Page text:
Philip Horkman is a quiet, straight laced, play-by-the-rules kind of guy who owns The Wine Shop (a pet store), and who referees for a girls 10 and under soccer league. Jeffrey Peckerman is a loud, obnoxious, know-it-all, who always goes out of his way to let everyone know exactly what ticks him off. These two meet when Philip calls Jeffrey’s daughter off-sides when she kicks what would have been the championship game winning goal. Peckerman screams at Horkman, who refuses to change his call, and it seems that this unpleasantness is at an end. Yeah, right.

Later, these two become entangled again when a lemur is stolen, as is an insulin pump, and then the George Washington bridge is almost blown up after a high speed car chase – and these two take the blame. Rather than attempt to explain their (relative) innocence, Jeffrey & Philip decide to make a run for it and escape – right into the zoo. From there they hop onto a cruise ship departing for international waters, which happens to be clothing optional. Their zany antics take them around the globe from one international hot spot to another until they end up back in the U.S. and are surprised to find themselves face to face with Donald Trump at the Republican National Convention.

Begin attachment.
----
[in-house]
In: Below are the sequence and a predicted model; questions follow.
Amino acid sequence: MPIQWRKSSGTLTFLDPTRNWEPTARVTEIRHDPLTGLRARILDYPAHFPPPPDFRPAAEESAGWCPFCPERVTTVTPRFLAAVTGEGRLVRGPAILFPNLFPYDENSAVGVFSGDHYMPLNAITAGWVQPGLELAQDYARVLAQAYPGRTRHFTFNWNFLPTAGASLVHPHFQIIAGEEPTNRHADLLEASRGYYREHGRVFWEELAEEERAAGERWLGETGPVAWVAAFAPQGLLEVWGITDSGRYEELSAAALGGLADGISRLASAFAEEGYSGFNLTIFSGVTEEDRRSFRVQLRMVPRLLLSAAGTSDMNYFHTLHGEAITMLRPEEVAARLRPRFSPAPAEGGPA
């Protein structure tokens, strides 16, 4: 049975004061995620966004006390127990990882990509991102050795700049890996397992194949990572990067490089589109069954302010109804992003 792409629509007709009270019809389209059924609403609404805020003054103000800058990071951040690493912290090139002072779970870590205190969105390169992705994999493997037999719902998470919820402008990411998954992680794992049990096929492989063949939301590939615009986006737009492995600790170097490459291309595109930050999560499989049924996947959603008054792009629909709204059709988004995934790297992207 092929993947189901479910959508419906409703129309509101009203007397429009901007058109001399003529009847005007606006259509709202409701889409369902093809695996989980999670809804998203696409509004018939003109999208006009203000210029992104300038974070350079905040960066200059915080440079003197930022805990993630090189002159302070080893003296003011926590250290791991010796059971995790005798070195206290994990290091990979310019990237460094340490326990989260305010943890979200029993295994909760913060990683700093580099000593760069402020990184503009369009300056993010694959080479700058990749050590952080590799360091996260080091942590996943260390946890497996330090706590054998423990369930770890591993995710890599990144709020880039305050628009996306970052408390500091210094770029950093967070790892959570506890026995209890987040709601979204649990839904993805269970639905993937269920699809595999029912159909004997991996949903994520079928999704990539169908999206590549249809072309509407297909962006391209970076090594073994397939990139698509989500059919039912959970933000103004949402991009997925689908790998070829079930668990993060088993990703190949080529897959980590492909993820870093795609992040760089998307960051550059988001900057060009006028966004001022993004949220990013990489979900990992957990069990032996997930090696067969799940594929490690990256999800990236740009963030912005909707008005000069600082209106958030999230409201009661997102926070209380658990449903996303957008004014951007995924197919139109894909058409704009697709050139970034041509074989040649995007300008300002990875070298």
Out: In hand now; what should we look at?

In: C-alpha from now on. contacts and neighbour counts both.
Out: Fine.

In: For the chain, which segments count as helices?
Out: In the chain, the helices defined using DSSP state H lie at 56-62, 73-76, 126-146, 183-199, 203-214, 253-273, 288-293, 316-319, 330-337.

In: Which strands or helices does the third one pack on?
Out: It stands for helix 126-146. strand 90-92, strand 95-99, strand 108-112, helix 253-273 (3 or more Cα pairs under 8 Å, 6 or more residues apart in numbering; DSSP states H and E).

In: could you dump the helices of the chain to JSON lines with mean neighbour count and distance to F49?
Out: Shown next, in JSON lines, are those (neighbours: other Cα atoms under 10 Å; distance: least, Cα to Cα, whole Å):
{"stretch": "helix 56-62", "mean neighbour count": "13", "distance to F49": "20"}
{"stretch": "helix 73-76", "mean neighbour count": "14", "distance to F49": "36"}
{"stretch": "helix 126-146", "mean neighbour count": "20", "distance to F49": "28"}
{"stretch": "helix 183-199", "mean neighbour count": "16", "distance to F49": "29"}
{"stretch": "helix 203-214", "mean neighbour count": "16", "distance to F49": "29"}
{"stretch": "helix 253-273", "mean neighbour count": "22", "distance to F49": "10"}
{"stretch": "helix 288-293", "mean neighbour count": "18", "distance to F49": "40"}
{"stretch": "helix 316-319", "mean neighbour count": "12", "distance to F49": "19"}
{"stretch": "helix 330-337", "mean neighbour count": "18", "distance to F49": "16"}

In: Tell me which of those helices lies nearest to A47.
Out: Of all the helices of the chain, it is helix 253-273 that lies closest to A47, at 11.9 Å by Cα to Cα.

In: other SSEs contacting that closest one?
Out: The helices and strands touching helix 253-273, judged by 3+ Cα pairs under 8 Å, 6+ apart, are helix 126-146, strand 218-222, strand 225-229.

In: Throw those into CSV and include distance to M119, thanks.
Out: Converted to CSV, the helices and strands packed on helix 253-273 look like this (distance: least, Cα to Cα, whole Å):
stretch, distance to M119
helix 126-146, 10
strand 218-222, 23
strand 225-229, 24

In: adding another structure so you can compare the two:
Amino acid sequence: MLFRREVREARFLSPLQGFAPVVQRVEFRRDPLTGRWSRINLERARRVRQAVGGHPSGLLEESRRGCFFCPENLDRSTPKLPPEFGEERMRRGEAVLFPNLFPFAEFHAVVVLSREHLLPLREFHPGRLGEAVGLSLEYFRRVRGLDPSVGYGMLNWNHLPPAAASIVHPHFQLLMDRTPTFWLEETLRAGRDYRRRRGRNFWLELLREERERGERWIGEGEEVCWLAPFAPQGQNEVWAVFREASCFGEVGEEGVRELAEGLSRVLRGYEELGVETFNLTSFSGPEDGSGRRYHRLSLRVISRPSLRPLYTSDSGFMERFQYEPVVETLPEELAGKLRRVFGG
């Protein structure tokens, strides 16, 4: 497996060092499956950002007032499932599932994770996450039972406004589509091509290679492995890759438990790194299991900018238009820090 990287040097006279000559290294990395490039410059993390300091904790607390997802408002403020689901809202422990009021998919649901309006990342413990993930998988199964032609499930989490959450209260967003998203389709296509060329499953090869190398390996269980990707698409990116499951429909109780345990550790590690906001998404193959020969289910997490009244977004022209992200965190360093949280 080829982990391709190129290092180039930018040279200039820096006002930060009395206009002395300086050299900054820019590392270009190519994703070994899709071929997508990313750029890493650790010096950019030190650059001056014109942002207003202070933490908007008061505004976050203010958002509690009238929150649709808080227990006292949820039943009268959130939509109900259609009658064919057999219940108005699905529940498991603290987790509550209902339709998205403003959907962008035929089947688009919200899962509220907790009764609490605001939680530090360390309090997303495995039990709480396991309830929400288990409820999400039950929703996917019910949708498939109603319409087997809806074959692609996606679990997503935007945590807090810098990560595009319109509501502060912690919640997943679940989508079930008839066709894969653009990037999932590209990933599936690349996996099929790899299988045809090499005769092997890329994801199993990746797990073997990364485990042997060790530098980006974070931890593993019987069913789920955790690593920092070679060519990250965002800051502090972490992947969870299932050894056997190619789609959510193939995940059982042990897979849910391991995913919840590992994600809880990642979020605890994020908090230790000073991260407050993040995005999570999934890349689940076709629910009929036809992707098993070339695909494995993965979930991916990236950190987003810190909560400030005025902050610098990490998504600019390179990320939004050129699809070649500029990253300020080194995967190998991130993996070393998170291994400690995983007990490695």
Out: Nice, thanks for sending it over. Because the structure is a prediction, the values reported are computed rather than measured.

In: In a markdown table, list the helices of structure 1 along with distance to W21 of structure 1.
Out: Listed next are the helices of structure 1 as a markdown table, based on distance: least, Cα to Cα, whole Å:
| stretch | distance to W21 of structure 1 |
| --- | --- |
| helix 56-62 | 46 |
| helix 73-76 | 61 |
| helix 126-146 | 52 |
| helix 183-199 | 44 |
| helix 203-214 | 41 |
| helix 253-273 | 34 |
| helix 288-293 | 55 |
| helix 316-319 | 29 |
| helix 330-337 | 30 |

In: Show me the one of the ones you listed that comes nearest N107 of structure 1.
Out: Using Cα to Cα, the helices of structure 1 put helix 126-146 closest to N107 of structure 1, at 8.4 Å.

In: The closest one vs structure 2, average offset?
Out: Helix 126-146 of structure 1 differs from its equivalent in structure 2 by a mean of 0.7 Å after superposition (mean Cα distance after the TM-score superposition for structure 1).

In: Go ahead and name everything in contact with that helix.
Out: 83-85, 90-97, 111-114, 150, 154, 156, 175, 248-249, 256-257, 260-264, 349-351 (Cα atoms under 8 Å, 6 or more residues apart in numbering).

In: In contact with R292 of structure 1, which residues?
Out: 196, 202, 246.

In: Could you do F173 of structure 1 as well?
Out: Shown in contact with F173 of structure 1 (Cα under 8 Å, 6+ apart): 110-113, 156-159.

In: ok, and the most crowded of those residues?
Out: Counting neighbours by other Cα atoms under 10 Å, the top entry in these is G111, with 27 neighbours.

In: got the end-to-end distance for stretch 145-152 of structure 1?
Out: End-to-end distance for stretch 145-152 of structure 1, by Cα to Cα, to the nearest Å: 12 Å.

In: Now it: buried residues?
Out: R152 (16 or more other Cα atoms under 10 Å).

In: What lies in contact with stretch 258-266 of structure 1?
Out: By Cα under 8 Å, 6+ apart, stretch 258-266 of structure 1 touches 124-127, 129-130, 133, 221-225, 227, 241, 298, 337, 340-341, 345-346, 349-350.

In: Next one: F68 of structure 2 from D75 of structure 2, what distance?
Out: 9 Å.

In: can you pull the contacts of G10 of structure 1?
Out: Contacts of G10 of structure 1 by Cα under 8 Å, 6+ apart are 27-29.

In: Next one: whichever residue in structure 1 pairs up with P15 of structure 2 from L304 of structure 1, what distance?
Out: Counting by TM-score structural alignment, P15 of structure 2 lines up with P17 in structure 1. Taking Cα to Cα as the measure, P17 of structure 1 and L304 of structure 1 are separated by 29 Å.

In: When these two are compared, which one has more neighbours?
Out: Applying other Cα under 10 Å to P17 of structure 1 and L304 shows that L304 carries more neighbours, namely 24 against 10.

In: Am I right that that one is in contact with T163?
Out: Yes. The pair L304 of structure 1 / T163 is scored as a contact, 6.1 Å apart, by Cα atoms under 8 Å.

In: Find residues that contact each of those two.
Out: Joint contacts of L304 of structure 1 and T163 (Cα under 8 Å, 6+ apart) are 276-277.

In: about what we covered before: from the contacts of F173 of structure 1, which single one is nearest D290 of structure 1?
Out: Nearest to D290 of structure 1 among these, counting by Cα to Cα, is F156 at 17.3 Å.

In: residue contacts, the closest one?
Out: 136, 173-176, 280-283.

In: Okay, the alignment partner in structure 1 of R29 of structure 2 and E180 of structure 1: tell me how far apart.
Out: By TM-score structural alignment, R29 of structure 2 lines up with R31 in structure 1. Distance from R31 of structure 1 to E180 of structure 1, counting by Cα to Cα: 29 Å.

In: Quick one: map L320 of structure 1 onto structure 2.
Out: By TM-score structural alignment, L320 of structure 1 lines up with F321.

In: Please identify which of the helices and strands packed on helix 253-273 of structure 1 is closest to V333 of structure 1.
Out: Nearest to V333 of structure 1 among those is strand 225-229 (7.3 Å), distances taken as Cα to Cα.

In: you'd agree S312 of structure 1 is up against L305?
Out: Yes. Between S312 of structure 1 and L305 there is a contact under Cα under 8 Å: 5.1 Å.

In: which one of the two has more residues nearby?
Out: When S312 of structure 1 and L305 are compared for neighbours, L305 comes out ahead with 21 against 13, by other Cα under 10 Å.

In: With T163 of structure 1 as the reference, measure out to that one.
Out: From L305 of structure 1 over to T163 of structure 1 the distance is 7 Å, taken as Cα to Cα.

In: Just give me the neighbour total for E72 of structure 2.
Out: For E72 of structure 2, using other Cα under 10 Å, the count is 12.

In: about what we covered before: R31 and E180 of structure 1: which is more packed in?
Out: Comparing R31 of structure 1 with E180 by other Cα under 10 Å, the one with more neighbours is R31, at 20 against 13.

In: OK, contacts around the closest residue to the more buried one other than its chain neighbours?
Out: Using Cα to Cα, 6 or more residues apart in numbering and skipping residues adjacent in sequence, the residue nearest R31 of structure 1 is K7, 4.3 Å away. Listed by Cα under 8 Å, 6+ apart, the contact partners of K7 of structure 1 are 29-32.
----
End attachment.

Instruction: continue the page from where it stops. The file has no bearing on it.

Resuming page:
The laugh out loud humor is what one would expect from a Pulitzer Prize winner and one of the original writers for Saturday Night Live. Barry and Zweibel took turns writing each chapter, which alternate between the points of view of Horkman (Zweibel) and Peckerman (Barry). The authors never knew what each other would do to advance the story until the next chapter arrived in their in-box. There’s a funny interview with both authors on Goodreads, and there are plans for a movie starring Steve Carell (although it’s still early in the process) and to be penned by the authors, I mean the League of Comic Justice.

If you have only read Dave Barry’s humorous columns and essays, but haven’t yet discovered his other fiction, give Big Trouble and Tricky Business (which I’ve reviewed before) a try.

To enjoy the madcap misadventures of Horkman and Peckerman, find and reserve this book in our catalog.

The Slap by Christos Tsiolkas

September 2, 2011

I loved this book. The Slap is an edgy, daring, in-your-face story of some very interesting and crude characters living in and around Melbourne, Australia. The writing is forceful, almost violent in its direct intensity. The author pulls no punches and writes about the casual depravity of ordinary people in an ordinary suburban setting.